Despite a day that started at 8:30 a.m. in the midst of a snowstorm and didn’t end until 9 p.m., after the storm passed, Israel’s ambassador to Canada, Rafael Barak, termed his visit to Fredericton, N.B., “tiring, but successful.”
Accompanied by Ziv Nevo Kulman, Israel’s consul general to Quebec and Atlantic Canada, Barak said the one-day whirlwind trip to the provincial capital Jan. 13 aimed to “discover trade opportunities between New Brunswick and Israel in technology and science.
“Cyber security was a major focus of our talks with people at University of New Brunswick and provincial government officials,” Barak said after his return to Ottawa Jan. 14. It was the first visit to Fredericton for both men.
“Deputy Premier Stephen Horsman and David Burns [UNB’s vice-president of research] both stressed that the university is working hard in the cyber security field along with IBM, which has a Canadian centre for cyber security established in Fredericton. IBM is a major player in the field at Ben-Gurion University in Be’er Sheva, Israel’s centre for cyber security.”
Barak and Nevo Kulman paid a protocol visit to N.B. Lieut.-Gov. Jocelyne Roy Veinneau, and they also visited with the director and associate director of UNB’s Security Centre of Excellence as well as the university’s chief information officer; IBM representatives; Stephen Lund, CEO of Opportunities New Brunswick; and Matt Decourcey, Liberal MP for Fredericton, who “expressed his eagerness to co-operate with Israel,” Barak said.
“Except for Stephen Lund [who visited Israel as part of a Nova Scotia delegation a few years ago], the majority of those we met have never been to Israel, so it gave us a chance to introduce what is happening in the business and development side of our country,” added Barak, Israel’s ambassador to Canada since January 2014.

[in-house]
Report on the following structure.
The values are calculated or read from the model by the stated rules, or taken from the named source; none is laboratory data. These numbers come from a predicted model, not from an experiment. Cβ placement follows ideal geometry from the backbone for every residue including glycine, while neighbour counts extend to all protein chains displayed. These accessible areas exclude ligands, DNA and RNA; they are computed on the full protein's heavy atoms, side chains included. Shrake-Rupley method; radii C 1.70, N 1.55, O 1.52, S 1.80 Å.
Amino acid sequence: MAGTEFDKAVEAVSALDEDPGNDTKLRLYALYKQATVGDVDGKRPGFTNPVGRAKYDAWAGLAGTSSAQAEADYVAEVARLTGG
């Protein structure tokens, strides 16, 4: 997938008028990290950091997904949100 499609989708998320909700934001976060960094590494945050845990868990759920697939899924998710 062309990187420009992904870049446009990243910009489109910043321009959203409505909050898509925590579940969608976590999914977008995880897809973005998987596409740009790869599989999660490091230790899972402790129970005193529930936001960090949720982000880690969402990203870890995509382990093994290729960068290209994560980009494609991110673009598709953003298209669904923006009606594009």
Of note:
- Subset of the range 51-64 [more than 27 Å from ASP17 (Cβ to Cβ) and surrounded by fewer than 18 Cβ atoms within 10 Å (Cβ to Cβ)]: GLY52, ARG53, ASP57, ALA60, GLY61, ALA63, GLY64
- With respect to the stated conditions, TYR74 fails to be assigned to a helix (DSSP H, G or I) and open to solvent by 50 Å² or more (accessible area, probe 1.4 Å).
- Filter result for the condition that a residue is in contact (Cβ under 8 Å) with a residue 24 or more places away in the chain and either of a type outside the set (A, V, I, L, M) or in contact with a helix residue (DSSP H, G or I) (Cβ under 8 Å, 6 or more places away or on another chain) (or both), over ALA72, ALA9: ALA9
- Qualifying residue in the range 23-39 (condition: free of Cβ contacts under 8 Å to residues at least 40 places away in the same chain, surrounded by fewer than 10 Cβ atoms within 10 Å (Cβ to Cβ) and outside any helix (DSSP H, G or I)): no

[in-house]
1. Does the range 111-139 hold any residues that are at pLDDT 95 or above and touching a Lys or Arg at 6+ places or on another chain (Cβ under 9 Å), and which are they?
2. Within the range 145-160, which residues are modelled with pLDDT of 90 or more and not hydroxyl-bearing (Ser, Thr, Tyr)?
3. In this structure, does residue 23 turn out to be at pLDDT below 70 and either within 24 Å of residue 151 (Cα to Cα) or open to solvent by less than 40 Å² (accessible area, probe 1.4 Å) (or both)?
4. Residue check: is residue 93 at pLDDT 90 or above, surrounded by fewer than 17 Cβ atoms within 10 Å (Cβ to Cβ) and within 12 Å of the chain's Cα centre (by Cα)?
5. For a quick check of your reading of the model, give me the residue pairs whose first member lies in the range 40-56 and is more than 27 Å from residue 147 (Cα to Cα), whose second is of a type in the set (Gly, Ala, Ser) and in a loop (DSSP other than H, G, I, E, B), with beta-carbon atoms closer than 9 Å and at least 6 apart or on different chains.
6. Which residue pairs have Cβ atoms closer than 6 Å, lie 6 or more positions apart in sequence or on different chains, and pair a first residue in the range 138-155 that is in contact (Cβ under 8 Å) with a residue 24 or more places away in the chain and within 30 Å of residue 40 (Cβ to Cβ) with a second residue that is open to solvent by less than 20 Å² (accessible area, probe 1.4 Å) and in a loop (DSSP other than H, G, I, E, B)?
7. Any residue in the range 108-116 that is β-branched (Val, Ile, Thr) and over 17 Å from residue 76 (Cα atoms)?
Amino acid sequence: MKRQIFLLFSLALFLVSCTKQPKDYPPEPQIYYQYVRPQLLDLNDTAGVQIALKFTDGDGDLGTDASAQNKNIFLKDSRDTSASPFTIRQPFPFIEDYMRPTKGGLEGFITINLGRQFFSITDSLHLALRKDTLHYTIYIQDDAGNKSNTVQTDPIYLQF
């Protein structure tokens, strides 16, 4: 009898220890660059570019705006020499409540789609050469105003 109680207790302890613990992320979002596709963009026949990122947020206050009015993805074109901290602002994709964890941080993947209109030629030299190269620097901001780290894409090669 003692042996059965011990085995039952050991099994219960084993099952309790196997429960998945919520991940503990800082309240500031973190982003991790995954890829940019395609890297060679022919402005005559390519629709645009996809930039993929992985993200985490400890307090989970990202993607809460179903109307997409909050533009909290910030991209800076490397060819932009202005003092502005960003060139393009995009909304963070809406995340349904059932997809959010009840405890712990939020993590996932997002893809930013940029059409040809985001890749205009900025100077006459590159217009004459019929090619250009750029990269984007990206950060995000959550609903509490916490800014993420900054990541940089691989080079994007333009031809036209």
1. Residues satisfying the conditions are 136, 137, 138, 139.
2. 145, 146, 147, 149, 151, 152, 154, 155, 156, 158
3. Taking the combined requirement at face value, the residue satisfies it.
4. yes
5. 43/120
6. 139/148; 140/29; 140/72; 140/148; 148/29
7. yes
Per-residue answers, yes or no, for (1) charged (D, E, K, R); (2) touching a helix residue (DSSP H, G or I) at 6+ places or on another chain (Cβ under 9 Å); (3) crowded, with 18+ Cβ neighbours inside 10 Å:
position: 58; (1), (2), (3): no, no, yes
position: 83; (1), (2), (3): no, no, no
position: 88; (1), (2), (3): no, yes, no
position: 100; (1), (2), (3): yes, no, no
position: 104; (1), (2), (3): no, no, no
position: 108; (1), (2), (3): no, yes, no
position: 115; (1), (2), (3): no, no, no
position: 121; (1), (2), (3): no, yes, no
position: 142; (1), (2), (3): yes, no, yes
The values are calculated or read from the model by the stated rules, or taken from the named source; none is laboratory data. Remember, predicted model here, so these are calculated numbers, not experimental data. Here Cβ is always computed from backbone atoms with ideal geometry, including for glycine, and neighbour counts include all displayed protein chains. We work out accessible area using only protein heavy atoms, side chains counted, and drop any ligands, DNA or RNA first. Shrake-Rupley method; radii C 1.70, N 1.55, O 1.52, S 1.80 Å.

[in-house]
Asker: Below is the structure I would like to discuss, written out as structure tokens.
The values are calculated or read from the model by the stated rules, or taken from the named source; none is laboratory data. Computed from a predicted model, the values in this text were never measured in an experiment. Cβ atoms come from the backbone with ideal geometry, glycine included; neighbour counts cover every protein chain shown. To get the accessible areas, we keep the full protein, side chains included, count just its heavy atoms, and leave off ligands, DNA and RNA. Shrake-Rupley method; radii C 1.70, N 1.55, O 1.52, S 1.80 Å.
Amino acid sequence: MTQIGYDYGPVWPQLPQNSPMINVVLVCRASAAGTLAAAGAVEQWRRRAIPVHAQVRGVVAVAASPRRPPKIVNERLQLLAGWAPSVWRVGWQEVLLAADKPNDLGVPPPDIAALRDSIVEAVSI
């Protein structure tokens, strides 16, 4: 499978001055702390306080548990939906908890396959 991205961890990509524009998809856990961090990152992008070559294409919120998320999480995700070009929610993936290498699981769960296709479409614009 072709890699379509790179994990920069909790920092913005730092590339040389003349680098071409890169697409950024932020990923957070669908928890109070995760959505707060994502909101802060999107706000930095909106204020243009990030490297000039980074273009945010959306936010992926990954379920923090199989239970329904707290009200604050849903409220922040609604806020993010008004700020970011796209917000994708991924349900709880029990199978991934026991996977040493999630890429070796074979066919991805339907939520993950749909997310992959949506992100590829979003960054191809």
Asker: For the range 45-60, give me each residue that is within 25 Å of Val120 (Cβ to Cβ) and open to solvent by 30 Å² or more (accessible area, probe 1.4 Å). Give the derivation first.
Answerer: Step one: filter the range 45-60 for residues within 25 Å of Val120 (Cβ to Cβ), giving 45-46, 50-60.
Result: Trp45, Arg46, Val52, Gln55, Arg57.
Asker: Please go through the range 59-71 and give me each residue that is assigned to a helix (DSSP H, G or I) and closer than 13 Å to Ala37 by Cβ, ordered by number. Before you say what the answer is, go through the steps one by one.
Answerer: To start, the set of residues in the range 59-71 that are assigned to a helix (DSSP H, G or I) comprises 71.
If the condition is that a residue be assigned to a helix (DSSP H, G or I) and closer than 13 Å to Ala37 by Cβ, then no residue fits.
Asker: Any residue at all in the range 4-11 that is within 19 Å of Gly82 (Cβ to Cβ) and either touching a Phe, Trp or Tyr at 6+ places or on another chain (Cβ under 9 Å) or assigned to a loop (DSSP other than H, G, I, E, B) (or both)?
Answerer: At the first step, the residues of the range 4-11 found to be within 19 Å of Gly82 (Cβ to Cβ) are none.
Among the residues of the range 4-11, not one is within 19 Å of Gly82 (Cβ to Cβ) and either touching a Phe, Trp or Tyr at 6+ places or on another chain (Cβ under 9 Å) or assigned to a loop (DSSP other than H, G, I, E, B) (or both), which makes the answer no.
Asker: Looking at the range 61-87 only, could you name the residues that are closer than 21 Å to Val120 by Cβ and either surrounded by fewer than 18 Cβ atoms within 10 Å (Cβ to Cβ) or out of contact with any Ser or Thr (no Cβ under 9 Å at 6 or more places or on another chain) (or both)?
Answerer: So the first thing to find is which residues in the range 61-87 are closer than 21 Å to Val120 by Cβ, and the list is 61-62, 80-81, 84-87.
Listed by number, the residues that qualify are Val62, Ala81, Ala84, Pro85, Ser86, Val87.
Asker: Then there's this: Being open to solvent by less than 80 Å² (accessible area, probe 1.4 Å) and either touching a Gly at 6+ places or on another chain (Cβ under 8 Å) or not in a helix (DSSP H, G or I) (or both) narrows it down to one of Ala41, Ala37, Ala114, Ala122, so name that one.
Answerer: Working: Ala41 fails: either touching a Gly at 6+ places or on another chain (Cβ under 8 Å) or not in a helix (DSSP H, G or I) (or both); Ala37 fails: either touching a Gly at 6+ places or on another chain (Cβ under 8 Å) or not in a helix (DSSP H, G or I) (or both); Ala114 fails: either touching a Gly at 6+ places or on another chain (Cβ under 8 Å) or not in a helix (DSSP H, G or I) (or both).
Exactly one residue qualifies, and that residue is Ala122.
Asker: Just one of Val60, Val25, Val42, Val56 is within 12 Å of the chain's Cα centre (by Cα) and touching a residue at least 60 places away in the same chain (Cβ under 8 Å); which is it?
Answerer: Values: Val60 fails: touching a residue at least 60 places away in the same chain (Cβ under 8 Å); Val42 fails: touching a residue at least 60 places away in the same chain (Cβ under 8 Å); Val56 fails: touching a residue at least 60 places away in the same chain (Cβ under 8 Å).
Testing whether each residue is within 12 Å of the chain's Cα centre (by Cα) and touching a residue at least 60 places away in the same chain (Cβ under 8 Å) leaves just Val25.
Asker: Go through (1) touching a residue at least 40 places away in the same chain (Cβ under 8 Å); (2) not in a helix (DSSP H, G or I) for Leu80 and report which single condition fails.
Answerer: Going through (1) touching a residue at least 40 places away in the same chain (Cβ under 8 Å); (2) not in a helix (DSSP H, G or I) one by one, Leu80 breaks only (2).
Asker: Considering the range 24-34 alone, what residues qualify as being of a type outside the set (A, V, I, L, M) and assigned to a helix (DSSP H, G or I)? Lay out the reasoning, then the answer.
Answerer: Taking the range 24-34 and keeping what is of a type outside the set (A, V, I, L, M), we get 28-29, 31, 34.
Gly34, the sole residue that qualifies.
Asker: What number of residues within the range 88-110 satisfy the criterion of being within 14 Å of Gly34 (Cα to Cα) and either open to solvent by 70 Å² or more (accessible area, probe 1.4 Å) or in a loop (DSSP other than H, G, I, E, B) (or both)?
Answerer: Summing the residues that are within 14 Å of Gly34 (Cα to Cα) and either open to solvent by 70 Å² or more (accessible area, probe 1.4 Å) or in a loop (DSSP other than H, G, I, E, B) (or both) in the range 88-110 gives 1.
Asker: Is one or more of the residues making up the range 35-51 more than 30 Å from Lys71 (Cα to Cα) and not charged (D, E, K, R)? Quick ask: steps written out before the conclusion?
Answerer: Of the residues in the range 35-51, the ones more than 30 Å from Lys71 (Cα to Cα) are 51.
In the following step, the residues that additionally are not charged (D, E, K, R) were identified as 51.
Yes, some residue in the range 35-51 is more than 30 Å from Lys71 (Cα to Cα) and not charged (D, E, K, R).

“We even had the Israeli flag raised in front of Province House, which was closed at the time because of the snowstorm.”
The storm prevented Premier Brian Gallant from returning to Fredericton from a business trip to Moncton to meet with the Israeli delegation.
“I found affinities between Israel and New Brunswick,” said Barak, “particularly between Fredericton and Be’er Sheva. We invited UNB officials to a cyber conference in Israel later this year and will suggest the director of the Cyber Park in Israel come to Fredericton to meet with local officials.”
The envoys concluded their day with a two-hour session at Sgoolai Israel Synagogue, where they met close to 30 members of the Fredericton Jewish community.
Synagogue president and Atlantic Jewish Council management committee member Marilyn Kaufman welcomed the visitors, who spoke about the purpose of their trip and reflected on its benefits. They also talked about Israel’s current situation with its Middle East neighbours and spoke about many aspects of economic connection with Canada.
“Mr. Barak told how the Canadian Space Agency is sharing with Israel the launch of the Amos 6 satellite in 2017 and stressed how 25 multinational companies are taking part in cyber security development in Israel. He said Israel was the fourth country to have a free trade agreement with Canada while stressing Israel doesn’t ‘take the relationship of Canada’s Jewish communities with Israel for granted.’”
Answering an audience question about Canada’s support for Israel under Prime Minister Justin Trudeau, Barak said Trudeau met with Israeli Prime Minister Benjamin Netanyahu a few weeks ago and will meet with him again soon. He said Trudeau assured him good relations with Israel will continue and Canada will support Israel at the United Nations.